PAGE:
An enormous magnetic binary star system has been discovered by Canadian PhD student, Matt Shultz of Queen’s University, Ontario. The object is unusual because giant stars rarely have magnetic fields; and giant binary stars with magnetism are even less common, accounting for only about 2% of stars in the Milky Way. The discovery was made usingContinue reading “A mysterious binary star”
Astronomers using gravity maps from NASA’s twin GRAIL (Gravity Recovery And Interior Laboratory) satellites have discovered that the Moon’s upper crust – the megaregolith – is highly porous. The GRAIL satellites, Ebb and Flow, determined the Moon’s gravity field by measuring tiny movements of the spacecraft due to the push and pull of gravity uponContinue reading “A shattered lunar landscape”
Just released by the European Space Agency (ESA), this stunning image shows Mars’s southern polar ice cap, as rarely seen before. This is a permanent feature, composed of frozen water and carbon dioxide, and is 3km deep in places. It looks flat in this amazing image, but is in fact a mixed terrain of peaks, troughs andContinue reading “Cosmic cappuccino”
Melanie Davies writes about the 2015 solar eclipse – the last one visible from Europe for more than a decade On the morning of Friday 20th March 2015, we’ll be in for an astronomical treat… an eclipse of the Sun. A total solar eclipse happens roughly once a year somewhere in the world, but weContinue reading “Chasing the eclipse”
There are not many space missions that have touched the hearts and minds of people throughout the world as much as Rosetta. Named after the Rosetta Stone – a slab of volcanic basalt responsible for revealing the mysteries of ancient Egyptian hieroglyphics – this intrepid comet chaser has inspired a generation of science explorers, uncovering mysteries bound up in its icy companion, comet 67P/Churyumov-Gerasimenko.
Finally, a much-anticipated astronomical event that didn’t leave us disappointed! The close encounter of Comet Siding Spring with Mars on 19th October 2014 resulted in some great imagery and, hopefully, some interesting science to come. Siding Spring passed a mere 87,000 miles above the red planet: less than half the distance between the Earth andContinue reading “Close encounter of the first kind”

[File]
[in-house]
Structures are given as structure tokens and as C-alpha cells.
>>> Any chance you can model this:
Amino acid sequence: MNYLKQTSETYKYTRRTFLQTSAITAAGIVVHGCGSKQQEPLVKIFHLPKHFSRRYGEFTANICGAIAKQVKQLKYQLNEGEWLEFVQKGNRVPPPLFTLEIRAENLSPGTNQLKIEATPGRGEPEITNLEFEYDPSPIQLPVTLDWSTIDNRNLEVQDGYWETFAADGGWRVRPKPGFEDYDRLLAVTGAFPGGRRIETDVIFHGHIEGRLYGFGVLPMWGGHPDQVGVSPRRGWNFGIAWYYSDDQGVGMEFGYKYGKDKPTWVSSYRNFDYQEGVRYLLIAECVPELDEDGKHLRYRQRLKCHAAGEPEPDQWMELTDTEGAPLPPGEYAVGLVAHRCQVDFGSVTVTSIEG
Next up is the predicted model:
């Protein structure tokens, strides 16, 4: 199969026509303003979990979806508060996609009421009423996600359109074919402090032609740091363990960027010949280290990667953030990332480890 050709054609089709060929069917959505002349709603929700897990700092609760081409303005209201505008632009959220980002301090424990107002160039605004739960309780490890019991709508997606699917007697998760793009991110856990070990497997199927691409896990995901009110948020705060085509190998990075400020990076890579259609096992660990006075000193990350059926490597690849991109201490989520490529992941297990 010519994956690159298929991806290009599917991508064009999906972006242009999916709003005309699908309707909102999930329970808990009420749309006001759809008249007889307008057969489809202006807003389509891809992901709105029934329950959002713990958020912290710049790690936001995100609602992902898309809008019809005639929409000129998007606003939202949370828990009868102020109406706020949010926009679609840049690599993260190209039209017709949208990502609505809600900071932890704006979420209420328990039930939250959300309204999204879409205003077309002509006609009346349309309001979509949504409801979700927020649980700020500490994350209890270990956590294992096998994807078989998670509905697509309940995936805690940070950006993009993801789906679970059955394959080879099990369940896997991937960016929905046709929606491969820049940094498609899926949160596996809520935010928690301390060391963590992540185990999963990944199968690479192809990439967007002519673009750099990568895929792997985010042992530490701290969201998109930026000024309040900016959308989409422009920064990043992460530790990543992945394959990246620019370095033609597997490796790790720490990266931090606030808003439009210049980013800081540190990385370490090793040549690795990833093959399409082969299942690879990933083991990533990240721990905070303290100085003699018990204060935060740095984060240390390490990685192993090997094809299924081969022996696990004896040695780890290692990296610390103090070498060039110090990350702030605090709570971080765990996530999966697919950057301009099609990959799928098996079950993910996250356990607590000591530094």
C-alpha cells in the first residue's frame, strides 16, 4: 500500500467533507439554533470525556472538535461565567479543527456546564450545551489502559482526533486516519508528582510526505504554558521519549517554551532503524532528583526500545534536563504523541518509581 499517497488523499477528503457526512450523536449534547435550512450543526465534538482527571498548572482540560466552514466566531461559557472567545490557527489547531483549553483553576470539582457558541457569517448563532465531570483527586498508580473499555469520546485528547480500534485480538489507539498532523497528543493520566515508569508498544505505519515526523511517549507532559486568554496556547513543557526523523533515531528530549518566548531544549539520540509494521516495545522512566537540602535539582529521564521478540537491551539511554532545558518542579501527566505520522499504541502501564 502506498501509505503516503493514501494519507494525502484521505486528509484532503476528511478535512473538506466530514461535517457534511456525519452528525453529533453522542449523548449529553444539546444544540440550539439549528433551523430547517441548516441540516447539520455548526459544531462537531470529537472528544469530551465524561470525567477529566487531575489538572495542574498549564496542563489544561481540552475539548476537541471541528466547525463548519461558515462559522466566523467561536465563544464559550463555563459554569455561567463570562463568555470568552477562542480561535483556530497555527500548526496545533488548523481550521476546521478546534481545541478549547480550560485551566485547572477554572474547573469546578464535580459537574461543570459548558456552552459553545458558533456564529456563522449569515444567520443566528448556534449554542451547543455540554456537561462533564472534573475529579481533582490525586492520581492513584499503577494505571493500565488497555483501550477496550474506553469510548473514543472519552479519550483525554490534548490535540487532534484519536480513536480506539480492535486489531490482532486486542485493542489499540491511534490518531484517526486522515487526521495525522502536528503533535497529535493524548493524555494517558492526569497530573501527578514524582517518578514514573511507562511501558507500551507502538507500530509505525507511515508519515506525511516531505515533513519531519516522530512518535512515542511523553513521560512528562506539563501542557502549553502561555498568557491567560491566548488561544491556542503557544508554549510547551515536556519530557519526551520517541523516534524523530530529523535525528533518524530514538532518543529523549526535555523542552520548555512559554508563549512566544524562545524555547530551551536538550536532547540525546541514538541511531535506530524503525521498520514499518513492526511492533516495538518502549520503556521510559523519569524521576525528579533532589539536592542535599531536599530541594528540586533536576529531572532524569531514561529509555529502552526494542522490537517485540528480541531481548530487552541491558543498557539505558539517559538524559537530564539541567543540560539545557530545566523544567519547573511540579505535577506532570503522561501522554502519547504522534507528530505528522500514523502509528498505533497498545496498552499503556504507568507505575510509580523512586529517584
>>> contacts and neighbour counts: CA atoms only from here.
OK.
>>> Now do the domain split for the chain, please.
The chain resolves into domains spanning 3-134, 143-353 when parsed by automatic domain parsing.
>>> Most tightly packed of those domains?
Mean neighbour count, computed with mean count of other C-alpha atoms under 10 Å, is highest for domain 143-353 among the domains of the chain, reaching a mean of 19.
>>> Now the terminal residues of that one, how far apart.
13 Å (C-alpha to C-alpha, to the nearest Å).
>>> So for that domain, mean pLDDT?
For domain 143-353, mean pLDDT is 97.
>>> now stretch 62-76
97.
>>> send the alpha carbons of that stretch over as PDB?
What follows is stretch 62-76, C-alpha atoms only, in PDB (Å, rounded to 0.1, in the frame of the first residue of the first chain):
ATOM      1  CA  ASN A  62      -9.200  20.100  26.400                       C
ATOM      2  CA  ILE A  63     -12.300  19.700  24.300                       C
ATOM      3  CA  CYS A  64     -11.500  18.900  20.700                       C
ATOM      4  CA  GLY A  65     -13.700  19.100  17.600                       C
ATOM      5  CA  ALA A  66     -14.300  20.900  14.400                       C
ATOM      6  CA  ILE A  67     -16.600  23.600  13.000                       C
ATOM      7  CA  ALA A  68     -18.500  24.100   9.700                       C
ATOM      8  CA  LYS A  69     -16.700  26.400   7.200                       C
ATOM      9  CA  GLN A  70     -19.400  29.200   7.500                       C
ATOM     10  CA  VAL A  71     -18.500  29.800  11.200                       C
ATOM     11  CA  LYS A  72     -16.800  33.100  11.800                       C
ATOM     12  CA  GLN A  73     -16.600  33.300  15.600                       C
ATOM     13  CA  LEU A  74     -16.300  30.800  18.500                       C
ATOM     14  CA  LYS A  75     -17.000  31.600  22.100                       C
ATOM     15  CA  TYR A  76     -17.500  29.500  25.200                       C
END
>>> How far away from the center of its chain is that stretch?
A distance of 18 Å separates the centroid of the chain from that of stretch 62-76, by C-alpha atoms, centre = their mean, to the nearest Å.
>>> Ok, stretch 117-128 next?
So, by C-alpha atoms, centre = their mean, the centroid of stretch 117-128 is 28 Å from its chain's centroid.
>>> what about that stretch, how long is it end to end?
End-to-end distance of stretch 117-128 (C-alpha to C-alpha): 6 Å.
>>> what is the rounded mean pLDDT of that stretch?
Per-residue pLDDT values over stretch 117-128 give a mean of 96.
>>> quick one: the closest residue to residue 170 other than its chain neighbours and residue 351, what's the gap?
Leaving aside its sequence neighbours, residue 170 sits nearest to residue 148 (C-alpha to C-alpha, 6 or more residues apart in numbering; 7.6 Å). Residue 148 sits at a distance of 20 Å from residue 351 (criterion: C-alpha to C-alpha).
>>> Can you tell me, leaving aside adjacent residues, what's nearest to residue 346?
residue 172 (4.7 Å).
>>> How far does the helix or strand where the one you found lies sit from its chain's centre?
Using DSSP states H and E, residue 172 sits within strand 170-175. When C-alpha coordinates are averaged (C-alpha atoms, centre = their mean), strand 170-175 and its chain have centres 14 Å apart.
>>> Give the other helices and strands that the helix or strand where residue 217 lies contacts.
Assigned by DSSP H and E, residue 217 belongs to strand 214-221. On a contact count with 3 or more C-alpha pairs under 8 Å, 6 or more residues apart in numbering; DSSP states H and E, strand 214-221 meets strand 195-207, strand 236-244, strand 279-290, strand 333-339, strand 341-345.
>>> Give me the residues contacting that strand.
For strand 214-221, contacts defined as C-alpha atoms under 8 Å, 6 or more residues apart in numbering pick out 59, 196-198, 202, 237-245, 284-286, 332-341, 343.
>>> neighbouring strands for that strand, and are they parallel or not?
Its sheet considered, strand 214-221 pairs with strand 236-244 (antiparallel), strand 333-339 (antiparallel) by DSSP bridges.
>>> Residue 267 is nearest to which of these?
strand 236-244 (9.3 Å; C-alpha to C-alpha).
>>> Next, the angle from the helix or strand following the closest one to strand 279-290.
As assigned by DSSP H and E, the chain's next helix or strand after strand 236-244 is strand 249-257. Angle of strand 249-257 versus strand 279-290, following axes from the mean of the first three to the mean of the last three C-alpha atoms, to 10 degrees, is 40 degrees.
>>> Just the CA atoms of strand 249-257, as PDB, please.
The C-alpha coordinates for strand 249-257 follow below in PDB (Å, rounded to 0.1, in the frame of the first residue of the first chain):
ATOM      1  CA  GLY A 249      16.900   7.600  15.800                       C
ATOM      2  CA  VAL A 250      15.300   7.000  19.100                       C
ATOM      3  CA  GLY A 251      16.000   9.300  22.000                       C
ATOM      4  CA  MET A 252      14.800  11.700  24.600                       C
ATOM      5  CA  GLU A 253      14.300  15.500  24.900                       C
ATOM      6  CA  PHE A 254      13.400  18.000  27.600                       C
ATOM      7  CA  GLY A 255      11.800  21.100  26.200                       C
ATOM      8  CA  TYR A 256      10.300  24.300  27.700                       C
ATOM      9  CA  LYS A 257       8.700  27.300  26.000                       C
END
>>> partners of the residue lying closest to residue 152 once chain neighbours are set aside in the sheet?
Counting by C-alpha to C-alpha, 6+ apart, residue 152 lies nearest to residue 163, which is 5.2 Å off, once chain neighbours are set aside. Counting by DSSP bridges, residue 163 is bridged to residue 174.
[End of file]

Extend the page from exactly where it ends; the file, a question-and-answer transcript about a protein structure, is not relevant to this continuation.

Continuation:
Have you ever wondered where the expression “we’re all made of stardust” came from? Well, I’m not sure who first coined the phase, but we are indeed made of stellar stuff. Carbon-based lifeforms (us), silica in the rocks, and oxygen in the atmosphere – all of the elements found within our bodies and in theContinue reading “Supernova: A blast from the past”
The International Astronomical Union (IAU) caused a cosmic stir when it kicked Pluto out of the planet gang, demoting it to ‘dwarf planet’ status. The decision by the IAU – the body responsible for naming and categorising astronomical objects – was, and still is, hotly contested.
We’ve all been enjoying the summer Sun, but how many of us stop to think about the dynamics of our local star? Throughout history, the Sun has been worshipped and celebrated with rituals and festivals throughout the world. And there’s good reason for celebration; sunshine gives us light and heat – vital ingredients for lifeContinue reading “The fluctuations of our super star”
Until fairly recently, it was generally thought (and taught) that the planets in our solar system were formed more or less where they currently reside on their solar orbits. Within the the last few decades, planetary scientists have had to re-think this theory.